• Surgery for late-stage anal cancers or anal cancers that haven’t responded to other treatments. If your cancer hasn’t responded to chemotherapy and radiation, or if your cancer is advanced, your doctor may recommend a more extensive operation called abdominoperineal resection, which is sometimes referred to as an AP resection. During this procedure the surgeon removes the anal canal, rectum and a portion of the colon. The surgeon then attaches the remaining portion of your colon to an opening (stoma) in your abdomen through which waste will leave your body and collect in a colostomy bag.

Supportive (palliative) care

Palliative care is specialized medical care that focuses on providing relief from pain and other symptoms of a serious illness. Palliative care specialists work with you, your family and your other doctors to provide an extra layer of support that complements your ongoing care. Palliative care can be used while undergoing other aggressive treatments, such as surgery, chemotherapy or radiation therapy.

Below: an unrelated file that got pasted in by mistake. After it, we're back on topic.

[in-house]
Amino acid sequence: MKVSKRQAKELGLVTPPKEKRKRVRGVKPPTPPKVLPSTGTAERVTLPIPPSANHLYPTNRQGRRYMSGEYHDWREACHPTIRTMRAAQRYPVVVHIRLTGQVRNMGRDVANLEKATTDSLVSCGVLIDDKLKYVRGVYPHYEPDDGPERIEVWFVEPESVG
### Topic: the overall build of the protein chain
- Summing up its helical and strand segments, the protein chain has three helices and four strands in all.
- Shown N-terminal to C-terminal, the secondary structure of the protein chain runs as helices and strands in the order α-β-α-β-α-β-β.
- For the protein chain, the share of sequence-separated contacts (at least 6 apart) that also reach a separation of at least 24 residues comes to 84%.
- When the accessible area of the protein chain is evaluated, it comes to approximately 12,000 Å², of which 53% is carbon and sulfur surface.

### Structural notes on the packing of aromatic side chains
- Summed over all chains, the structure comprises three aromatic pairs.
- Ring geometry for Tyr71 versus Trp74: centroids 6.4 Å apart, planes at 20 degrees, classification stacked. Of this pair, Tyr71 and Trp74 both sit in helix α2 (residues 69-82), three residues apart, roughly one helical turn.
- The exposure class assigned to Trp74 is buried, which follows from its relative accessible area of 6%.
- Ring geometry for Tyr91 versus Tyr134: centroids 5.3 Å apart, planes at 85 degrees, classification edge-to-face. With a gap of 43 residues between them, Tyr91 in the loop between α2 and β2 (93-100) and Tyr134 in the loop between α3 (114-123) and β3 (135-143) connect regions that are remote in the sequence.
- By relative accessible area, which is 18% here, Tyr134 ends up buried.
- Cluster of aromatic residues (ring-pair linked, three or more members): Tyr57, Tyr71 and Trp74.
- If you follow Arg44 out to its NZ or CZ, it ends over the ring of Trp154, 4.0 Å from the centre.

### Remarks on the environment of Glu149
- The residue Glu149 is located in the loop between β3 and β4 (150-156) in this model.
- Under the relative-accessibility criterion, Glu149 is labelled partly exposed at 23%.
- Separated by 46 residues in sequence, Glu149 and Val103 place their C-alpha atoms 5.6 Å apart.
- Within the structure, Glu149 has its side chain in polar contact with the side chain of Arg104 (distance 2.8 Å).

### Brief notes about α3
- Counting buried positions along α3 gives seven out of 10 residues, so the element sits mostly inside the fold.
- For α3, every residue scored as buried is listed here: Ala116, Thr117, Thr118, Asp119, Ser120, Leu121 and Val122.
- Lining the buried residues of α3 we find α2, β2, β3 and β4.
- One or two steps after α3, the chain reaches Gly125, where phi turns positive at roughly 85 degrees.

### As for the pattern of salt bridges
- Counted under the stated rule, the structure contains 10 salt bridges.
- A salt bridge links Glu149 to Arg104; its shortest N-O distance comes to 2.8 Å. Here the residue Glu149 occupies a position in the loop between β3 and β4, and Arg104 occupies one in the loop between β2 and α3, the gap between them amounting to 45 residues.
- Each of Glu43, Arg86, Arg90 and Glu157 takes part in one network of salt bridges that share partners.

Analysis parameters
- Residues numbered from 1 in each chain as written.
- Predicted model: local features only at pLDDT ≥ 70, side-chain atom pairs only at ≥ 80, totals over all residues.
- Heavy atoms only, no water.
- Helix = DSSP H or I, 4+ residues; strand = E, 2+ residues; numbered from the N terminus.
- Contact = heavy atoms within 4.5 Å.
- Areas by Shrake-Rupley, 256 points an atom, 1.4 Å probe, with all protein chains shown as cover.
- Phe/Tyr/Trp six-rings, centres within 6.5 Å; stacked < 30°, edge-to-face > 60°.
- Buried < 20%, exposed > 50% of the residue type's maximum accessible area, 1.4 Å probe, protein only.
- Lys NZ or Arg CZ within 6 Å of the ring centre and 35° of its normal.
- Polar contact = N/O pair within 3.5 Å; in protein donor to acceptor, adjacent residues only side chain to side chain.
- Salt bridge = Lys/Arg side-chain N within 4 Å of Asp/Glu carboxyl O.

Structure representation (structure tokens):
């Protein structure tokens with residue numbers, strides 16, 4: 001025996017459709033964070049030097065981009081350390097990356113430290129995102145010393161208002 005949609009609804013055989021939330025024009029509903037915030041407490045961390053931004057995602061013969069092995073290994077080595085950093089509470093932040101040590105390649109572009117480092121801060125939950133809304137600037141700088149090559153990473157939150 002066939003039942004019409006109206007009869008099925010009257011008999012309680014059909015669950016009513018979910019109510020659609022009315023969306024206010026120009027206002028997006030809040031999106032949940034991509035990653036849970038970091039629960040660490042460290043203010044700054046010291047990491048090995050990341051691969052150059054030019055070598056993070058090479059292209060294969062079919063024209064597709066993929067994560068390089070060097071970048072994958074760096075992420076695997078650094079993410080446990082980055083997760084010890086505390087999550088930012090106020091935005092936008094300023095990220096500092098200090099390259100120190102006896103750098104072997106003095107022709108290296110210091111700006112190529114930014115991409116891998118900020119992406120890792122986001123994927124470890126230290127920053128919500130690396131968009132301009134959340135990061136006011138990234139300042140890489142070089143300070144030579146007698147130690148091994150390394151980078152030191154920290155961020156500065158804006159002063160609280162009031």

When palliative care is used along with all of the other appropriate treatments, people with cancer may feel better and live longer.

Palliative care is provided by a team of doctors, nurses and other specially trained professionals. Palliative care teams aim to improve the quality of life for people with cancer and their families. This form of care is offered alongside curative or other treatments you may be receiving.

Alternative medicine

Alternative medicine treatments can’t cure anal cancer. But some alternative medicine treatments may help you cope with the side effects of cancer treatment. Your doctor can treat many side effects, but sometimes medications aren’t enough. Alternative treatments can complement your doctor’s treatments and may offer additional comfort.

Options for common side effects include:

  • Anxiety — massage, meditation, hypnosis, music therapy, exercise or relaxation techniques
  • Fatigue — gentle exercise or tai chi
  • Nausea — acupuncture, hypnosis or music therapy
  • Pain — acupuncture, massage, music therapy or hypnosis
  • Sleep problems — yoga or relaxation techniques

While these options are generally safe, talk with your doctor first to be sure that alternative medicine options won’t interfere with your cancer treatment.

Reviewed by the QSota Medical Advisory Board